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National Politics|By Amy Walter, January 23, 2013

Of all the issues raised in President Obama’s inaugural speech, there was one noticeable omission: the state of the economy. The issue that defined the 2012 campaign – and remains the most important concern for most Americans – was only briefly touched in the President’s address on that chilly Monday afternoon.

So, while debate and discussion over issues like gay rights, immigration, gun violence and the environment may define 2013-2014, the health – or lack thereof – of the economy will define 2016.

In his address, the President promoted what he preached on the campaign trail. “America’s prosperity,” he said, “must rest upon the broad shoulders of a rising middle class.” We should expect him to tackle the specifics around this vision in his mid-February State of the Union address.

But, it is the upcoming battles on the budget, the debt ceiling and spending cuts known as the “sequester” that are going to have much more of an impact on the political fortunes of both parties than any fight over gun control, the environment or immigration.

While Americans are feeling a bit better about the state of the economy, they remain a pessimistic lot. The most recent NBC/Wall Street Journal poll showed just 35 percent of Americans viewed the country headed on the right track, while 57 percent said it was headed on the wrong track. Four years ago, 59 percent thought the country was headed on the wrong track and 26 percent said things were headed in the right direction.

The most recent ABC/Washington Post poll gave President Obama with a 50 percent approval rating on his handling of economic issues – his highest rating since early 2009. Yet, the most recent Bloomberg Consumer Confidence Survey found that “the share saying the U.S. economy is improving dropped to the lowest since September.”

In looking through lots of recent polling, the Huffington Post’s Mark Blumenthal writes that “optimism about Obama and his policies is distinct from views about the potential for robust economic growth or an improvement in the political climate on Capitol Hill. On the economy, for example, Americans are generally divided on whether the next year will be better or worse, with less optimism (as well as more variation in the results from survey to survey). “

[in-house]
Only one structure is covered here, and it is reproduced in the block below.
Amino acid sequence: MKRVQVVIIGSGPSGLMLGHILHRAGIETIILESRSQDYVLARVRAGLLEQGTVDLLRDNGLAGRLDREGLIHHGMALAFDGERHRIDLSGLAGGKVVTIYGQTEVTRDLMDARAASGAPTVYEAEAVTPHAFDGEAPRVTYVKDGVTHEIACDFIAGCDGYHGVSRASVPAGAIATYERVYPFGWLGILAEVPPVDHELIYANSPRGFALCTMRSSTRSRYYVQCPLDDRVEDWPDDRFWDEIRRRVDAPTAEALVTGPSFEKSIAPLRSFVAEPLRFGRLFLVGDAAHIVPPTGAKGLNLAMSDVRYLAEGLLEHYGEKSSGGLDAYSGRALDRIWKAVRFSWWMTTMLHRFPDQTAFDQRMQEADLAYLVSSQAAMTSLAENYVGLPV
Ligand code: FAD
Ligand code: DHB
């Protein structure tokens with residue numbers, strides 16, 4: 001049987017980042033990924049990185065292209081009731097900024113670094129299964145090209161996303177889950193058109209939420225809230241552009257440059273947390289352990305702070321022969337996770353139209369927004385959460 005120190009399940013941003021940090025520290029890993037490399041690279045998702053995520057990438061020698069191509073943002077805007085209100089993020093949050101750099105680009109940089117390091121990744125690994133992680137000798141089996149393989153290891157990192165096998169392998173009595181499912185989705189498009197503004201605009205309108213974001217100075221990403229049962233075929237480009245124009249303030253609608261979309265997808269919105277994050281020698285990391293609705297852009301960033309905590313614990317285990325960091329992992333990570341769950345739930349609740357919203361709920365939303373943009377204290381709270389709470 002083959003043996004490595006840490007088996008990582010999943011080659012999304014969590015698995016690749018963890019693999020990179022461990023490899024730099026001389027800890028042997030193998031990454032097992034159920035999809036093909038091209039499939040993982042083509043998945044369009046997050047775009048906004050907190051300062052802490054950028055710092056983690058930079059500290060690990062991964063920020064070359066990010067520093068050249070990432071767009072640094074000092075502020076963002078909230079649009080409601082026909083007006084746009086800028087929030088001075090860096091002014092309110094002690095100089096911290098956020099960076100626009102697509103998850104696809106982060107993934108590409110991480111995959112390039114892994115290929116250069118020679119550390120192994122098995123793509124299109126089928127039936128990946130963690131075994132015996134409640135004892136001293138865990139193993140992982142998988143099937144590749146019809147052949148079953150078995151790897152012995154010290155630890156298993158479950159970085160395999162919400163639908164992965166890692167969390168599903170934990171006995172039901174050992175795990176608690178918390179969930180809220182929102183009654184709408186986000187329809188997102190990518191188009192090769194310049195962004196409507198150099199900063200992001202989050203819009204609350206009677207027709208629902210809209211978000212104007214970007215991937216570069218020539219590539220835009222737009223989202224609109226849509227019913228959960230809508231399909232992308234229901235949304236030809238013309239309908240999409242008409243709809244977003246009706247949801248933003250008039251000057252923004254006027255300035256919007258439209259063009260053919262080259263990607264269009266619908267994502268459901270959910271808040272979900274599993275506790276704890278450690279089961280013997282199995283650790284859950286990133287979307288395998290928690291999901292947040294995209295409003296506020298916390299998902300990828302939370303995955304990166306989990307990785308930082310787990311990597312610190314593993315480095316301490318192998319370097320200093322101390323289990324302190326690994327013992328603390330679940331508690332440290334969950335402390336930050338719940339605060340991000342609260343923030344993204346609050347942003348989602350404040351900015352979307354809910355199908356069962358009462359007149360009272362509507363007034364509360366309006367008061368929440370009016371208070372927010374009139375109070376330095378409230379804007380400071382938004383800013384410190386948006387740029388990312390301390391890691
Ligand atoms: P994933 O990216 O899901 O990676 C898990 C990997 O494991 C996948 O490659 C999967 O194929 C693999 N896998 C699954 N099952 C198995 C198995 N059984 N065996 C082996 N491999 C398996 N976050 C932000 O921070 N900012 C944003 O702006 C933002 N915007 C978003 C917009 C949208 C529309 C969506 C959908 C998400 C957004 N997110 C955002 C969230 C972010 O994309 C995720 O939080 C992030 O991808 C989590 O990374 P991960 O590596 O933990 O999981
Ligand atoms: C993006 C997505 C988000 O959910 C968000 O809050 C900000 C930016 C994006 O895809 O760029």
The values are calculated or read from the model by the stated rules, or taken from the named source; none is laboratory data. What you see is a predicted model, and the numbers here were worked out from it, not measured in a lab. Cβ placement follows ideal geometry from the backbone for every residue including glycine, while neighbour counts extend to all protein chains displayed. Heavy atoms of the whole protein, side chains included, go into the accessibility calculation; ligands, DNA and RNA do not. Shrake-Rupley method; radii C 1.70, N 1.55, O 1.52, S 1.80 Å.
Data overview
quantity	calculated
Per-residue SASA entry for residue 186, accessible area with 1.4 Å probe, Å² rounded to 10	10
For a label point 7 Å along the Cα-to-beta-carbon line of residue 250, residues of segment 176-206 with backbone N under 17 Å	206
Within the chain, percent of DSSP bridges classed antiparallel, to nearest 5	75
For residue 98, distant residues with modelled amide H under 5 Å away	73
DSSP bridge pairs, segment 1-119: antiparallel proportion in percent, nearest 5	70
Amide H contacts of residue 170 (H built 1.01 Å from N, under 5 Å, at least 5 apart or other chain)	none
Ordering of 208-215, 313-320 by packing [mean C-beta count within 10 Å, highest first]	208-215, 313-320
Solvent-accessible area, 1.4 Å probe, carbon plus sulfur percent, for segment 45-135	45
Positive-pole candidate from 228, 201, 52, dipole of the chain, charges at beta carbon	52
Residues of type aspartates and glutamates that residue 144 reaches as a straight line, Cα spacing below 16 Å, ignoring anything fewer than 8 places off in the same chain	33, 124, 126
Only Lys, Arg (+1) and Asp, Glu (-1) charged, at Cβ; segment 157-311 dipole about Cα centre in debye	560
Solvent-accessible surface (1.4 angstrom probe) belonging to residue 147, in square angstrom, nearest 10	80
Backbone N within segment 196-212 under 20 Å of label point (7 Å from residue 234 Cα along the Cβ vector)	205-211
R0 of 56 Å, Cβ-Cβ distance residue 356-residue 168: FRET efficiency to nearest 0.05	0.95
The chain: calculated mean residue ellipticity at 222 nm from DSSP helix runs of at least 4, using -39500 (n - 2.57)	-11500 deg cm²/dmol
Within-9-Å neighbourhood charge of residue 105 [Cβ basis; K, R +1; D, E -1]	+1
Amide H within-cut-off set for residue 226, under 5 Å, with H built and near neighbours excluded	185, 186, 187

In other words, Obama’s personal popularity may be enough to keep his own job ratings above water, but it won’t be enough to keep his party in the White House in 2016. The most important legacy that the president can leave the Democrats who wish to succeed him is a successful and growing economy.

There’s little doubt that the president wants to leave behind a cultural legacy – one that includes expanded civil rights for gay Americans, stricter gun laws and a more robust effort to battle climate change. And it’s here where Obama already has majority of Americans on his side. Some examples:

- “Some may still deny the overwhelming judgment of science,” said President Obama, “but none can avoid the devastating impact of raging fires and crippling drought and more powerful storms.”

United Technologies/National Journal Congressional Connection Poll: 57 percent of respondents agreed that “global climate change is increasing the likelihood that the U.S. will be hit by storms such as Hurricane Sandy.”

- “Our journey is not complete until our gay brothers and sisters are treated like anyone else under the law -- for if we are truly created equal, then surely the love we commit to one another must be equal as well.”

NBC/Wall Street Journal poll: 51 percent of Americans support same-sex marriage, while 55 percent said they would support a same-sex marriage law if it passed in their state.

- “Our journey is not complete until we find a better way to welcome the striving, hopeful immigrants who still see America as a land of opportunity -- until bright young students and engineers are enlisted in our workforce rather than expelled from our country

AP/Gfk Poll: 62 percent favor a legal way for illegal immigrants already in the U.S. to become U.S. citizens.

There’s been a lot of ink spilled about how Republicans cannot afford to be on the wrong side of these cultural/social issues in 2016. And, this is true. Even so, the ability to show a command of and competency on creating jobs and growing the economy remains the most important measure for success in 2014 and 2016. As Republican pollster David Winston wrote in the aftermath of the 2012 campaign, “Republicans have to become the party of economic growth again, and effectively engage in developing and advocating policies that reflect that.” Democrats’ too have to start to figure out who they want to be as a party – not just culturally, but economically. Where the economy sits in 2016 will tell us just how closely the ultimate nominee will want to embrace Obama’s economic vision.